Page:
|STEPHEN B. HEARD B.Sc. (Waterloo), Ph.D. (Pennsylvania).
Evolutionary and community ecology; ecological controls on biodiversity.
My research interests are broad, but are centred on ecological controls on the evolution of biodiversity. My students and I seek to understand how ecological interactions and ecological circumstances have influenced patterns in speciation and extinction rates among lineages - and therefore have shaped the modern diversity of life. Why, for instance, might beetles have diversified so much, but penguins so little? How can we test ideas about ecological controls on speciation rates when we can't observe the past directly? We are currently taking two major approaches to questions like these.
First, we are studying the evolutionary ecology of insect herbivores of goldenrods (and of their parasitoids). We are particularly interested in the ecology and evolution of diet specialization, including the evolution of host-specialist races, because host-race formation and sympatric speciation may play an important role in generating the astounding diversity of phytophagous insects. We have demonstrated repeated, parallel evolution of specialist host-race pairs in several gallmaking insects associated with the goldenrods Solidago altissima and S. gigantea, and we have also found that differentiation beginning with herbivores can cascade to drive differentiation of parasitoids too. In a new twist to this project, we are now assessing the impact of host-specialist and host-generalist herbivores on the endangered Saint Laurence Aster (Symphiotrichum laurentianum), an annual that appears to be under substantial population pressure from insect herbivores.
Second, we are examining patterns in the shapes of evolutionary trees (phylogenies), both real and computer-simulated, with an eye to understanding how features of individual and population ecology shape macroevolutionary patterns like among-lineage variation in speciation rates. For instance, we have used tree shape to test for ancestor-descendent heritability of diversification rates; we have asked whether tree shape can reveal patterns of ecological selectivity in past mass extinctions; and we continue to seek connections between plausible models of macroevolution and patterns of diversity among modern-day lineages. This work has led us most recently to examining the phylogenetic structure of biodiversity in worldwide clades, regional faunas, and local (community) assemblages.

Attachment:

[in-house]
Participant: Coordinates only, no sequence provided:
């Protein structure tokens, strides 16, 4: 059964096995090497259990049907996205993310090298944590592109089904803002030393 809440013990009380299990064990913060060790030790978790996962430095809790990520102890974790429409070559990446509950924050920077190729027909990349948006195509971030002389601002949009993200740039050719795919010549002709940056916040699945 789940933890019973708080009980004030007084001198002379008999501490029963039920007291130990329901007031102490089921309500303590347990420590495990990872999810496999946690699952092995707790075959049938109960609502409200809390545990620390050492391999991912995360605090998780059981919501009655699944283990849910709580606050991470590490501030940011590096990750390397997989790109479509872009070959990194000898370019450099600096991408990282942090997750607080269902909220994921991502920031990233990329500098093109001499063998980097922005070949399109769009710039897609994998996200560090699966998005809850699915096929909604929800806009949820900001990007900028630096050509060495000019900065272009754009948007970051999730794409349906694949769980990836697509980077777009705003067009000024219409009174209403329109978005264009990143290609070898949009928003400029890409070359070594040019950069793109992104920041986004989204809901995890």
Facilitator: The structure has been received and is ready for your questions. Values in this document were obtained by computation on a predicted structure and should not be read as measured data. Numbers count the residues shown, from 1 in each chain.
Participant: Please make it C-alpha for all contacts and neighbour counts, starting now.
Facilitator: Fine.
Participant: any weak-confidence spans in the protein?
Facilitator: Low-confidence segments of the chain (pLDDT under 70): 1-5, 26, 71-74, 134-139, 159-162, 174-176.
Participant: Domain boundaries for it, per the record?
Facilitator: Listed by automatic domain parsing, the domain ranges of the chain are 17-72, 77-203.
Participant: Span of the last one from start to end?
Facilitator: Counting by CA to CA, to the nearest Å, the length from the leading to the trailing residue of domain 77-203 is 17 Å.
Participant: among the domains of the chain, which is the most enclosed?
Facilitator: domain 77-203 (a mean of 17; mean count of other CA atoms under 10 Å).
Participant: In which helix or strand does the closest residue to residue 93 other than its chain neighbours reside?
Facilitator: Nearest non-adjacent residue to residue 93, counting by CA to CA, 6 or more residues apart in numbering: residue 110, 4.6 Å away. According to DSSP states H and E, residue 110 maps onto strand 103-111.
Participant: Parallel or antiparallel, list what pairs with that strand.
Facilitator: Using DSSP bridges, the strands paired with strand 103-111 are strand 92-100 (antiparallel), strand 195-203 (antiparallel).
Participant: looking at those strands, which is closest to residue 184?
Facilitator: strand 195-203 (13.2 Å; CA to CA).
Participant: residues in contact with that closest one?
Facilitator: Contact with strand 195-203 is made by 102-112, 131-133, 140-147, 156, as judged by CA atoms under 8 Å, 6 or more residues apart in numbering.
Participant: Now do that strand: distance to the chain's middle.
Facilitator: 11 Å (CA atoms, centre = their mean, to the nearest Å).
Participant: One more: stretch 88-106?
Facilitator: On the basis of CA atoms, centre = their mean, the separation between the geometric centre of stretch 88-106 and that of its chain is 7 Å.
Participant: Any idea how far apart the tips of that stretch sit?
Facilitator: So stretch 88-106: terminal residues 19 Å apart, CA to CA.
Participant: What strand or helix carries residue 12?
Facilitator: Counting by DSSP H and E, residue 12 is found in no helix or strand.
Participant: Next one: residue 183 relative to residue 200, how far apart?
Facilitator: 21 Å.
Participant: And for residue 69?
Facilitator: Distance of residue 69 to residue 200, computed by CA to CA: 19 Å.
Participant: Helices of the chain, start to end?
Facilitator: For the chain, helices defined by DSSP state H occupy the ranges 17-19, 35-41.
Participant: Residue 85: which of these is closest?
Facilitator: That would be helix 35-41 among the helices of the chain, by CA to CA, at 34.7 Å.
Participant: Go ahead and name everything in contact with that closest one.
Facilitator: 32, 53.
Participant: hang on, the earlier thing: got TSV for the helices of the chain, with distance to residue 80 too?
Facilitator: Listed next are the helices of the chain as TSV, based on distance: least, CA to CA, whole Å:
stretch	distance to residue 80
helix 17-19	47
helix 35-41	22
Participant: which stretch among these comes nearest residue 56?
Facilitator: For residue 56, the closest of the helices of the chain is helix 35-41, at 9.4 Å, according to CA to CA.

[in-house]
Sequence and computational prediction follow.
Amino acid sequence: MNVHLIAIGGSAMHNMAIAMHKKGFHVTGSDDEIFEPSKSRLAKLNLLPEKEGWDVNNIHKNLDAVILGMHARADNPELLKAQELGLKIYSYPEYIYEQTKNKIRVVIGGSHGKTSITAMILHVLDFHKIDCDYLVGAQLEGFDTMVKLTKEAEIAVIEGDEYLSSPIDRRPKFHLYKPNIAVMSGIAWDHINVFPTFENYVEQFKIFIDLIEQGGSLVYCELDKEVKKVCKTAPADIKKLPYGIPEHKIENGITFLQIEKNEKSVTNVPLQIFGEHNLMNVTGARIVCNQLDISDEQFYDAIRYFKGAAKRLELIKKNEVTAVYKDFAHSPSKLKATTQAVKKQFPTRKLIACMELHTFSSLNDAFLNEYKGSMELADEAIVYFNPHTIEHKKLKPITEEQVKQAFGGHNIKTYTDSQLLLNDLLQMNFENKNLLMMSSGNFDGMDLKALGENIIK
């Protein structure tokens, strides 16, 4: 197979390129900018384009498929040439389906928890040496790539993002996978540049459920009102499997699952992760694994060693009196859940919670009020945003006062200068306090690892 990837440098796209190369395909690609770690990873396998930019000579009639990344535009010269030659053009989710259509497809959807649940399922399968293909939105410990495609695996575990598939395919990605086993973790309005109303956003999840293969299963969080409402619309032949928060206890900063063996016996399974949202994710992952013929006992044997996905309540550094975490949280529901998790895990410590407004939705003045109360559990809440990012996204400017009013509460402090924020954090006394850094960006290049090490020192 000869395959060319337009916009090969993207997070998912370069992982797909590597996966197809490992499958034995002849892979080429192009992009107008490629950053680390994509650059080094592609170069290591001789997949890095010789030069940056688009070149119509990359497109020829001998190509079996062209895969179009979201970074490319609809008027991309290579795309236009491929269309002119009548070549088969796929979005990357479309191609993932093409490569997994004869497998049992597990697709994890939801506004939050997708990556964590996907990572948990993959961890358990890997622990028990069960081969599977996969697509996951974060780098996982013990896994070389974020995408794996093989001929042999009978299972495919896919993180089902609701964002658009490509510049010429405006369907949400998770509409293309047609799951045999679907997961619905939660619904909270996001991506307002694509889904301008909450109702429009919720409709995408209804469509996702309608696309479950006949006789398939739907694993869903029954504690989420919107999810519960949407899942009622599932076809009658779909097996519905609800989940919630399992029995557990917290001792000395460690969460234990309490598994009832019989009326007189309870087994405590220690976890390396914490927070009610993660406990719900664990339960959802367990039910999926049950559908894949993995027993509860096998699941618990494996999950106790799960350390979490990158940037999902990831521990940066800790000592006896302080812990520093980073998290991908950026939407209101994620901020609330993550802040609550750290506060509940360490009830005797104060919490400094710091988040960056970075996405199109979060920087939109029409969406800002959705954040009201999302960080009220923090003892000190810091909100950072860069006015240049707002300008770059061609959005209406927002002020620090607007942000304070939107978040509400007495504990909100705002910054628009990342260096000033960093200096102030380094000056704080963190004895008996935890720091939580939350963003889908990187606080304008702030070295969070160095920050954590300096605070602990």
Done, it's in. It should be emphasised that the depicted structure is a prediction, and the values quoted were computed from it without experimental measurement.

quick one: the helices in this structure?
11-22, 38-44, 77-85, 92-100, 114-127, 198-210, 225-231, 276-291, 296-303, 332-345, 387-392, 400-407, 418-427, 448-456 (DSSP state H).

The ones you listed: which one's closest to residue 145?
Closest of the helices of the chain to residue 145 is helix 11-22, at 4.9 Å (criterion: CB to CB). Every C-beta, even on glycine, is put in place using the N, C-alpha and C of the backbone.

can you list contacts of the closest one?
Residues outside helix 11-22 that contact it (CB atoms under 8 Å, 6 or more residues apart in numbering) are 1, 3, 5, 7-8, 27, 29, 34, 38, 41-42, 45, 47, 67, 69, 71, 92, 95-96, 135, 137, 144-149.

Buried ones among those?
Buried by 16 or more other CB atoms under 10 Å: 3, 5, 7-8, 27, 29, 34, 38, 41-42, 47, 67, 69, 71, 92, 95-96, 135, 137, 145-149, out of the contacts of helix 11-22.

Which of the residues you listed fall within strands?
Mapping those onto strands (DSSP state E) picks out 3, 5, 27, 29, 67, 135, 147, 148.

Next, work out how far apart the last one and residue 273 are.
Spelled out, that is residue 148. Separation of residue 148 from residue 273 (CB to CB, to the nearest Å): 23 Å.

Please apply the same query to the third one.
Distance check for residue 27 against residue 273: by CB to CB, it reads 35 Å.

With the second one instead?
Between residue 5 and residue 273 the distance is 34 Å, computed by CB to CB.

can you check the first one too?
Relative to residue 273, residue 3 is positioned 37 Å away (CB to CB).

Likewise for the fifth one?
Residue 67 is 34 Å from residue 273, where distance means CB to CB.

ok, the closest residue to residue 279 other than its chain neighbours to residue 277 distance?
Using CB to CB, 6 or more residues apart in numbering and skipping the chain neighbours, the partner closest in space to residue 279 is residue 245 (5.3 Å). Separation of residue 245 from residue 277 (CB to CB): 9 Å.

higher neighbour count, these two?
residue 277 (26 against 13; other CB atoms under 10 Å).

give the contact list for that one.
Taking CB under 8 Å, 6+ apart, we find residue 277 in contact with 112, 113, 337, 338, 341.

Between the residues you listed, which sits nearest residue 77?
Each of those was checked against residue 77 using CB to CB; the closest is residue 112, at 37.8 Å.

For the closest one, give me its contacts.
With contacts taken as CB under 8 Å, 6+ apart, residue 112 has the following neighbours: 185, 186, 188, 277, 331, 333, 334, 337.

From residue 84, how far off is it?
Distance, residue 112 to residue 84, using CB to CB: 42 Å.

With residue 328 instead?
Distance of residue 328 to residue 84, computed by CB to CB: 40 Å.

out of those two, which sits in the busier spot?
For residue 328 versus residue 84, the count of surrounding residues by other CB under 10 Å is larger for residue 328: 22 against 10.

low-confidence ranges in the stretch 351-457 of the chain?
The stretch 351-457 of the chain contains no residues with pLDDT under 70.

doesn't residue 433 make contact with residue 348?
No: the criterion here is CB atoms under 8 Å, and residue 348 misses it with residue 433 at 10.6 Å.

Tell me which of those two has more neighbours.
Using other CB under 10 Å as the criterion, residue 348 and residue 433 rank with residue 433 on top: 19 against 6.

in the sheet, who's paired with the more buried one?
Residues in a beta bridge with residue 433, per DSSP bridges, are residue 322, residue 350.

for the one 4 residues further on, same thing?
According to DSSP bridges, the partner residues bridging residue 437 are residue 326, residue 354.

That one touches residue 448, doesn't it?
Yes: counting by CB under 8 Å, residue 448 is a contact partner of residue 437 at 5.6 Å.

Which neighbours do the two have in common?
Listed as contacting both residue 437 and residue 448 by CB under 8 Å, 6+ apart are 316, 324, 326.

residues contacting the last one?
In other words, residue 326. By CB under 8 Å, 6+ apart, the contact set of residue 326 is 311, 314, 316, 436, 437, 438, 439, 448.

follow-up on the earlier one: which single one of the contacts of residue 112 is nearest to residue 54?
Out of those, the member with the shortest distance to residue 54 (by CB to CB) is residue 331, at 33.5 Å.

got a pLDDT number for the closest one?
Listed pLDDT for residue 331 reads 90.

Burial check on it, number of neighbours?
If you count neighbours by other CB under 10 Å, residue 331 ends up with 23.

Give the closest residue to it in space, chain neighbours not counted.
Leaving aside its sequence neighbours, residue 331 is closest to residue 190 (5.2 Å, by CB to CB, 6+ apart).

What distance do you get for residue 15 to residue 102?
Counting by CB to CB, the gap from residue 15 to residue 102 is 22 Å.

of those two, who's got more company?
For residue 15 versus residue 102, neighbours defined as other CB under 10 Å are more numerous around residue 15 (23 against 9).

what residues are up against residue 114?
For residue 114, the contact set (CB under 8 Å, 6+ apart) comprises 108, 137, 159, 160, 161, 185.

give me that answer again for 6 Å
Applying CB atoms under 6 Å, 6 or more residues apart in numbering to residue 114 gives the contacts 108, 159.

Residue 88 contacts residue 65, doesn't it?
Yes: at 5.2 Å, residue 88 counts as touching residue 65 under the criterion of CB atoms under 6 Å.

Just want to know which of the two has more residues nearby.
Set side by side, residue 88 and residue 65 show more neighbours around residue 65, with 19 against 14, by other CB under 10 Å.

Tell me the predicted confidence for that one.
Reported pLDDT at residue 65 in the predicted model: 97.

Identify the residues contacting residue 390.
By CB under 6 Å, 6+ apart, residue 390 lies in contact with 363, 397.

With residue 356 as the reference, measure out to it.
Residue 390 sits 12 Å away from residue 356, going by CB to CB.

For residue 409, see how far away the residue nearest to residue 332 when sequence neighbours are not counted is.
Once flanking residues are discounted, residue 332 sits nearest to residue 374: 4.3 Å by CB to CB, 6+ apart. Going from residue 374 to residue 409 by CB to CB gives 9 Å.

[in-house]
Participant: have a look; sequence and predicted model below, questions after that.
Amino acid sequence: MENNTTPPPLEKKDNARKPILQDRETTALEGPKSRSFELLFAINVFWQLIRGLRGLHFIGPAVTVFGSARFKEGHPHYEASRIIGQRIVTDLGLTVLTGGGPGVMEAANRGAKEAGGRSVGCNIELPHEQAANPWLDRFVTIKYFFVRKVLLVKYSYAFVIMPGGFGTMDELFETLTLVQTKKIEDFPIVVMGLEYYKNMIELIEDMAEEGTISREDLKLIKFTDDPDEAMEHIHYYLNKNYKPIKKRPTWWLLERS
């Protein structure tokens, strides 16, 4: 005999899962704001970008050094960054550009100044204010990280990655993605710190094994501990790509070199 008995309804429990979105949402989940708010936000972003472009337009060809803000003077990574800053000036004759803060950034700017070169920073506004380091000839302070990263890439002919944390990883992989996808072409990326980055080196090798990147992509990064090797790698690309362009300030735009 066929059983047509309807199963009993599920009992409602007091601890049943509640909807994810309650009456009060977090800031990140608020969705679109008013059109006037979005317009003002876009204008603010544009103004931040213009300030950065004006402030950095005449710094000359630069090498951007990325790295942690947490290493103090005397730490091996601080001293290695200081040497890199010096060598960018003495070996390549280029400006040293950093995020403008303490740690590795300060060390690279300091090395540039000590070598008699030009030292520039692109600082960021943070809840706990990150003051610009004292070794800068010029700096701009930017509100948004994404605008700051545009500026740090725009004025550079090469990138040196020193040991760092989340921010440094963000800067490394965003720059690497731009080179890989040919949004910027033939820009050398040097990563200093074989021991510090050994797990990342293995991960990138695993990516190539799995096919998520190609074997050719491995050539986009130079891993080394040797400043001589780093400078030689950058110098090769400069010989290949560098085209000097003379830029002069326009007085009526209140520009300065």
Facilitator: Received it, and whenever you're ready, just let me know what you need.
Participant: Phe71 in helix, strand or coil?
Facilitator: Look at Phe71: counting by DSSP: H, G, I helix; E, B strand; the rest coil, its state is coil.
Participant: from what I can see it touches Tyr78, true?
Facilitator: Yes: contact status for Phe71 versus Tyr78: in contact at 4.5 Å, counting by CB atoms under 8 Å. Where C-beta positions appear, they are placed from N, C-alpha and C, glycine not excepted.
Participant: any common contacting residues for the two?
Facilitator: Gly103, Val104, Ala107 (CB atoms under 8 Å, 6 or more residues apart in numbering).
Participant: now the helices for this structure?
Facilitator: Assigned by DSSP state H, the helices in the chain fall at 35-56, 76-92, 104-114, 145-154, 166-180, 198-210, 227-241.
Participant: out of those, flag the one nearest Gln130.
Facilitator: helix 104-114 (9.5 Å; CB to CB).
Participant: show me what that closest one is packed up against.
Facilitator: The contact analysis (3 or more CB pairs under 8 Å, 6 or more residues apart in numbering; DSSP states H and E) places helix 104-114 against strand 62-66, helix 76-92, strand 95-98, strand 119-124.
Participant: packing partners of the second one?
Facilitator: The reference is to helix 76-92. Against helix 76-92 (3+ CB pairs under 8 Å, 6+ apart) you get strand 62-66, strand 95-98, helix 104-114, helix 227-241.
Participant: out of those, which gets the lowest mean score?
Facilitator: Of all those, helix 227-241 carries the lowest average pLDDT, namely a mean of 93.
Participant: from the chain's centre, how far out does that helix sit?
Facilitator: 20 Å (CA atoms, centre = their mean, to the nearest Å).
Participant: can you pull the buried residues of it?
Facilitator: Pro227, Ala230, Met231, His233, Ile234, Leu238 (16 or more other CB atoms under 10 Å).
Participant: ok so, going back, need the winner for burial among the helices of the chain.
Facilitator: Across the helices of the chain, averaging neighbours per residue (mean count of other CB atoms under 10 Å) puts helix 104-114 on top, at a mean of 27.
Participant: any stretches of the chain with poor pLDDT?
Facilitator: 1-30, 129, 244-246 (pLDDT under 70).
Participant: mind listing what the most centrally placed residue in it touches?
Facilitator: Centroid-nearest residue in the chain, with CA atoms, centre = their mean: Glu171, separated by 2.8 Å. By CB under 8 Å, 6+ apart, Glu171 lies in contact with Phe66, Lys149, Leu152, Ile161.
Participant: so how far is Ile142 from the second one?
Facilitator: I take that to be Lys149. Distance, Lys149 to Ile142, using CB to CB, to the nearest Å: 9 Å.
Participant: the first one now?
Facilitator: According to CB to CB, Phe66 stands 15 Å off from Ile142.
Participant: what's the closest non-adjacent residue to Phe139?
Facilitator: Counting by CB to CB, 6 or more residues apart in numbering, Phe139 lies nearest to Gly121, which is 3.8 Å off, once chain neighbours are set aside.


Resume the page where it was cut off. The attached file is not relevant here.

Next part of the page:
Other recent projects include:
- studies of interspecific interactions among benthic stream invertebrates; and
- studies of geographic pattern in allocation to anti-herbivore defenses in milkweeds
Some Recent Publications:
Heard, S.B. and E.K. Kitts. 2012. Impact of attack by Gnorimoschema gallmakers on their ancestral and novel Solidago hosts. Evolutionary Ecology 26:879-892 (pdf)
Woods, E.C., A.P. Hastings, N.E. Turley, S.B. Heard, and A.A. Agrawal. 2012. Adaptive geographical clines in the growth and defense of a native plant. Ecological Monographs 82:149-168 (pdf).
Heard, S.B. 2012. Use of host-plant trait space by phytophagous insects during host-associated differentiation: the gape-and-pinch model. International Journal of Ecology 2012:ID192345 (pdf).
Ancheta, J. and Heard, S.B. 2011. Impacts of insect herbivores on rare plant populations. Biological Conservation 144:2395-2402 (pdf).
Ancheta, J., S.B. Heard, and J.W. Lyons. 2010. Impacts of salinity and simulated herbivory on survival and reproduction of the threatened Gulf of St. Lawrence Aster, Symphyotrichum laurentianum. Botany 88: 737-744 (pdf).
Vamosi, S.M., S.B. Heard, J.C. Vamosi, and C.O. Webb. 2009. Emerging patterns in the comparative analysis of phylogenetic community structure. Molecular Ecology 18:572-592 (pdf).
Heard, S.B. and L.C. Remer. 2008. Travel costs, oviposition behaviour,and the dynamics of insect-plant systems. Theoretical Ecology 1:179-188 (pdf).
Halverson, K., S.B. Heard, J.D. Nason, and J.O. Stireman III. 2008. Origins, distribution and local co-occurrence of polyploid cytotypes in Solidago altissima (Asteraceae). American Journal of Botany 95:50-58 (pdf).
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Last Update: 11 April 2013
This document: http://www.unb.ca/departs/science/biology/Faculty/Heard.html